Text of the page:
Reimagining Haiti's National Cathedral after Earthquake Devastation
THE CATHEDRAL OF NOTRE DAME DE L'ASSOMPTION, Rue Dr. Aubry, Port-au-Prince, Haiti
The world we live in is evolving rapidly but people and their need for spiritual life has remained constant for the past two thousand years. Cathedras represent the best architectural and engineering solutions of its times and mark achievements in architectural history, while creating experiences that transport human minds into the ethereal life. What has inspired people in the past, and in distant Europe, cannot be simply repeated.
The new Notre Dame de l'Assomption does not only fulfill the aspirations of the Haitian nation, but is meant to be a beacon for Catholics throughout the world. When walking into the subtly lighted space one is surrounded by biblical events cast into the bronze gates and walls, which provide references and dynamic visual interpretation of the weekly readings. The main light source of the Cathedral comes through the frosted cast glass wall and is enhanced by artificial lights with blue shade sandwiched in-between glass planks.
The glowing glass wall raises above the gates and takes one's eyes up to the sky, rhetorically Heaven. Contrast of the two worlds is represented in choice of the inherently different materials - one being lightly translucent, glowing, and ethereal - is contrasted with heavy, sculptural and symbolic for human history. The ceiling and roof of the cathedral is broken into gargoyle-inspired gutters which collect and transport rain water into reflecting pools flanking the ceremonial walkway on both sides of the building.
During holiday celebrations the entire front wall of the cathedral can be opened all the way across to allow for temporary expansion of standing room into the Cathedral Atrium in front of the building. The Atrium is flanked by ceremony hall and community center on the north, more private clergy offices and quarters on the south, and two bell towers on the east. The towers house the surviving three bells and become an important urban feature for the Haitian capital.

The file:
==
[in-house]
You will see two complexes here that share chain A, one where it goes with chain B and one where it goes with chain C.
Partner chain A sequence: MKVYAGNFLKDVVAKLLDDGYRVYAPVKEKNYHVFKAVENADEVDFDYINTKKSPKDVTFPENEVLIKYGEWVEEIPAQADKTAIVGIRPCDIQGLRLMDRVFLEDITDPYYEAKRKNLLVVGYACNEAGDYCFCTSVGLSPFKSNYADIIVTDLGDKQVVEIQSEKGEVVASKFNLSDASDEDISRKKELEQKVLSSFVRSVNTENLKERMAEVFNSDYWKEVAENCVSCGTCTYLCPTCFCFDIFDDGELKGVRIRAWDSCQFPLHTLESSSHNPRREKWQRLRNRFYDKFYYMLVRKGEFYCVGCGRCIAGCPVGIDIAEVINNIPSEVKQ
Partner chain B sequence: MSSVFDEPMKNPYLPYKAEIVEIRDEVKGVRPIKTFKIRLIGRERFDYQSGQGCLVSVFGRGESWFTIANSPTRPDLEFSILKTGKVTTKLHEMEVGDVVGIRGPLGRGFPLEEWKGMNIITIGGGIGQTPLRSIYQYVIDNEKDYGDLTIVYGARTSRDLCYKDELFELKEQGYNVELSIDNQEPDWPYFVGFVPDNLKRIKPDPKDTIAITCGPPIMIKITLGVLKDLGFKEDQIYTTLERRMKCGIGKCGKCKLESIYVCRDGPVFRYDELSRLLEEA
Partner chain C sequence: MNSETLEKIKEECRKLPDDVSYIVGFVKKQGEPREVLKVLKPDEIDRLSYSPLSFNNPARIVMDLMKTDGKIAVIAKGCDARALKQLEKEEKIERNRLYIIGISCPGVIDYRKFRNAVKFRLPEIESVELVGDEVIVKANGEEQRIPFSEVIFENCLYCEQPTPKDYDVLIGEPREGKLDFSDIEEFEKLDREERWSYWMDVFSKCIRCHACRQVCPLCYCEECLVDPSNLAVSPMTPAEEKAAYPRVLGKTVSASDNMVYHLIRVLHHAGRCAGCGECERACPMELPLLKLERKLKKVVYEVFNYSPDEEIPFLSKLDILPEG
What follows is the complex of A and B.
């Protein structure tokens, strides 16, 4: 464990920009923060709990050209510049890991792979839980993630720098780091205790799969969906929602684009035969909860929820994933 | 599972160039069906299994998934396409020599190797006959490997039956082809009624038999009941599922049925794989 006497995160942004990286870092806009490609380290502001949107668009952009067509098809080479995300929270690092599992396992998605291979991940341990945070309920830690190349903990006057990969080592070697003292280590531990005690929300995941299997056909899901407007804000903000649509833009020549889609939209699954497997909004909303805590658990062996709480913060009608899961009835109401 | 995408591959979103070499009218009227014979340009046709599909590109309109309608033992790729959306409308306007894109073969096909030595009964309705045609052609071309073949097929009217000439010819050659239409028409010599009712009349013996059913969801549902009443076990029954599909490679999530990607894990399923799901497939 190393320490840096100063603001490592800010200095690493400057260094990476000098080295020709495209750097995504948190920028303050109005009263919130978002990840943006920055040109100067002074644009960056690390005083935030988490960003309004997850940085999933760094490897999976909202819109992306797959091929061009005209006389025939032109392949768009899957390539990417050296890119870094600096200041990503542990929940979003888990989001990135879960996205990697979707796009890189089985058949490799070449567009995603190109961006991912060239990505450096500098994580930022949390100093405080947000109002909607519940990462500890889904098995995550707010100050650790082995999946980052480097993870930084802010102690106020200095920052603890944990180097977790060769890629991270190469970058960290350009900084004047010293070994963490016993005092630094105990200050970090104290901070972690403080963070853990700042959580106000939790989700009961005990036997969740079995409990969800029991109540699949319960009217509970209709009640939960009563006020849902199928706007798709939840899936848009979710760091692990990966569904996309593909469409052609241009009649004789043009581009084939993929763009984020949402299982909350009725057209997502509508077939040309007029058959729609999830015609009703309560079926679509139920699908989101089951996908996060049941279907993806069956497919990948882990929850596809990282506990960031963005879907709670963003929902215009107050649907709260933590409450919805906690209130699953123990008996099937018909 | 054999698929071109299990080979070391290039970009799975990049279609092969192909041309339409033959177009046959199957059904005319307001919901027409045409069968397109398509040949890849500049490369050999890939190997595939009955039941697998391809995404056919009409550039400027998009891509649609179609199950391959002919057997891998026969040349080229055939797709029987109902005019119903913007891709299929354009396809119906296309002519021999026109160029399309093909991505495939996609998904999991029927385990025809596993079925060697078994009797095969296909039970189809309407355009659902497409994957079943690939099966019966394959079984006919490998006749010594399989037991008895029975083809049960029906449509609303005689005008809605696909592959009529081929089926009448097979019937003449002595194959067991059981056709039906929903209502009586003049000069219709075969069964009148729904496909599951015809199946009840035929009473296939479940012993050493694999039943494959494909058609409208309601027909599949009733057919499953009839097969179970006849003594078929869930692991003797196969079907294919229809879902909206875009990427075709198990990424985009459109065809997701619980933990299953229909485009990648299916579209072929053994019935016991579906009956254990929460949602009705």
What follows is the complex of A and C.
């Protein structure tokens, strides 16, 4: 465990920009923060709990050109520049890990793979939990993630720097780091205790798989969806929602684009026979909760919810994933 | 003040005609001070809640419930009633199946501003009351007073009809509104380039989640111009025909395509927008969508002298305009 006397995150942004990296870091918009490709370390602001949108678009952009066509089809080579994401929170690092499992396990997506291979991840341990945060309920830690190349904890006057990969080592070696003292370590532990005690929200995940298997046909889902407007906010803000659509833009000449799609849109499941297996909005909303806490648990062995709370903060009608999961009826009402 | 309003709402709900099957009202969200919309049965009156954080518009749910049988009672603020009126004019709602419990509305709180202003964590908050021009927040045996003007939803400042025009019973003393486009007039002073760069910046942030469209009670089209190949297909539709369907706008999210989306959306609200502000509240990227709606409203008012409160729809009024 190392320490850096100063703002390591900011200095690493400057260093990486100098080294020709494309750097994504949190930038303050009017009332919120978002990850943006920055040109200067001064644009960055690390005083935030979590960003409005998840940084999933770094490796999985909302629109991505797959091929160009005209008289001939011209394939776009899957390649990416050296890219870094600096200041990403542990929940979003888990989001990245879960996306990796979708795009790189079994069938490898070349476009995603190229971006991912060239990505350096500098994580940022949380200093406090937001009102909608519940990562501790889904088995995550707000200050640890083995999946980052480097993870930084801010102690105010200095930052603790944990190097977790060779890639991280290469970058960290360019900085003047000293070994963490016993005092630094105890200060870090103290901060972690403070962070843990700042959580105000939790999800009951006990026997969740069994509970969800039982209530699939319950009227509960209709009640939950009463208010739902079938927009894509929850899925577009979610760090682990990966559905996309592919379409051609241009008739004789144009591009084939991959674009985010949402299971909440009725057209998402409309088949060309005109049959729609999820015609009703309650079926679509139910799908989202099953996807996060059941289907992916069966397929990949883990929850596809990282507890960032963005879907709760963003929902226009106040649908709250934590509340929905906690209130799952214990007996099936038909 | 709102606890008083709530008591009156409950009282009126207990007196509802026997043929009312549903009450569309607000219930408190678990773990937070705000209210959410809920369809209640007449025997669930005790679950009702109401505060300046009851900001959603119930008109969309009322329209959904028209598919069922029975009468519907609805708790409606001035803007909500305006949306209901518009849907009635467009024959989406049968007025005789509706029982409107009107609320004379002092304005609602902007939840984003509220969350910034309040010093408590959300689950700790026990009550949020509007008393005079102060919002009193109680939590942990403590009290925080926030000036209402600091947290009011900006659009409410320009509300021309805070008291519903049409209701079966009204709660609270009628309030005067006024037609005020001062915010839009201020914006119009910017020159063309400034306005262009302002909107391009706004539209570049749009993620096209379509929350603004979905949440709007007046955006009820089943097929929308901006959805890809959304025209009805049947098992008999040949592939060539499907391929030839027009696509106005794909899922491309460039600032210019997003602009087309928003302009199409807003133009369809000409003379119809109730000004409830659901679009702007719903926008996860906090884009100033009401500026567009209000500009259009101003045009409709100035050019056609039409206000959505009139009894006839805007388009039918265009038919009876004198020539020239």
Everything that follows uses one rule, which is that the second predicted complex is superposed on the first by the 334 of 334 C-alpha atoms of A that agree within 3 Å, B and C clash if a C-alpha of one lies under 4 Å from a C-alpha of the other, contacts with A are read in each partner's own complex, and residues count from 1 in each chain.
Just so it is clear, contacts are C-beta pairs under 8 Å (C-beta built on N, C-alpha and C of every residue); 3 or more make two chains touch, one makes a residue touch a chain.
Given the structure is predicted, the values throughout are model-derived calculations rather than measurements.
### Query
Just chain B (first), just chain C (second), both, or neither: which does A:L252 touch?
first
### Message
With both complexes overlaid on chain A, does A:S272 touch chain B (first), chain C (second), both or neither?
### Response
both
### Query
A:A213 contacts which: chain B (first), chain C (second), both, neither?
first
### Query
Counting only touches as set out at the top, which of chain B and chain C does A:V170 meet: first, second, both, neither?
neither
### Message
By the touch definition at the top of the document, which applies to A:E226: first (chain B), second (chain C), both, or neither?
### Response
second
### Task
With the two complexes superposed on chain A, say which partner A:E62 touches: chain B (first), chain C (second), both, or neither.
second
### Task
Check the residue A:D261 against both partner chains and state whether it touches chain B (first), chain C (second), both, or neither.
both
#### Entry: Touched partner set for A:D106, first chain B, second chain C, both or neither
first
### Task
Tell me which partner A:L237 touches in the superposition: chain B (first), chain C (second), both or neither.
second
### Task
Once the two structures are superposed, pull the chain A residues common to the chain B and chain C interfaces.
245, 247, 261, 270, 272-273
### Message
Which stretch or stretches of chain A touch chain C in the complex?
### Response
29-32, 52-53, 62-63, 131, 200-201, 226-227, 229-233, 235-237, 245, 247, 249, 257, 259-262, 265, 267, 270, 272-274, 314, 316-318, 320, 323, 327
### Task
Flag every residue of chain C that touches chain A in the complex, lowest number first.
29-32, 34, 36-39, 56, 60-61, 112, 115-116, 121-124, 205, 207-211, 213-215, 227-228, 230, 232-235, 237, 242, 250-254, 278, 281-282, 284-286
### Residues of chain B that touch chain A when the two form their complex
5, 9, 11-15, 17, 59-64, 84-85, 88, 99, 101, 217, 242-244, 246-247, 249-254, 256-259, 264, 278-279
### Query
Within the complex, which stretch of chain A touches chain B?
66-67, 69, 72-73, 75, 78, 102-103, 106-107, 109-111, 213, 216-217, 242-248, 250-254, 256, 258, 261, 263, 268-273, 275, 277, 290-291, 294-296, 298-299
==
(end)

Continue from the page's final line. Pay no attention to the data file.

"The Cathedral of Our Lady of the Assumption (Cathédrale Notre-Dame de L'Assomption), often called Port-au-Prince Cathedral , was a cathedral in Port-au-Prince, Haiti. Built between 1884 and 1914, it was dedicated on December 13, 1928, and became the cathedral church of the Roman Catholic Archdiocese of Port-au-Prince. The cathedral was destroyed in the 12 January 2010 earthquake. Prior to its destruction, the cupola of the north tower of the Cathedral served as the front lighthouse of a pair guiding mariners into Port-au-Prince harbor. The roof and the towers flanking the main entrance collapsed in the 2010 earthquake, although the lower parts of the walls remain standing. The earthquake also destroyed the nunciature and the archdiocesan offices, killing Archbishop Joseph Serge Miot instantly and Vicar General Charles Benoit later." en.wikipedia.org Resources: www.ndapap.org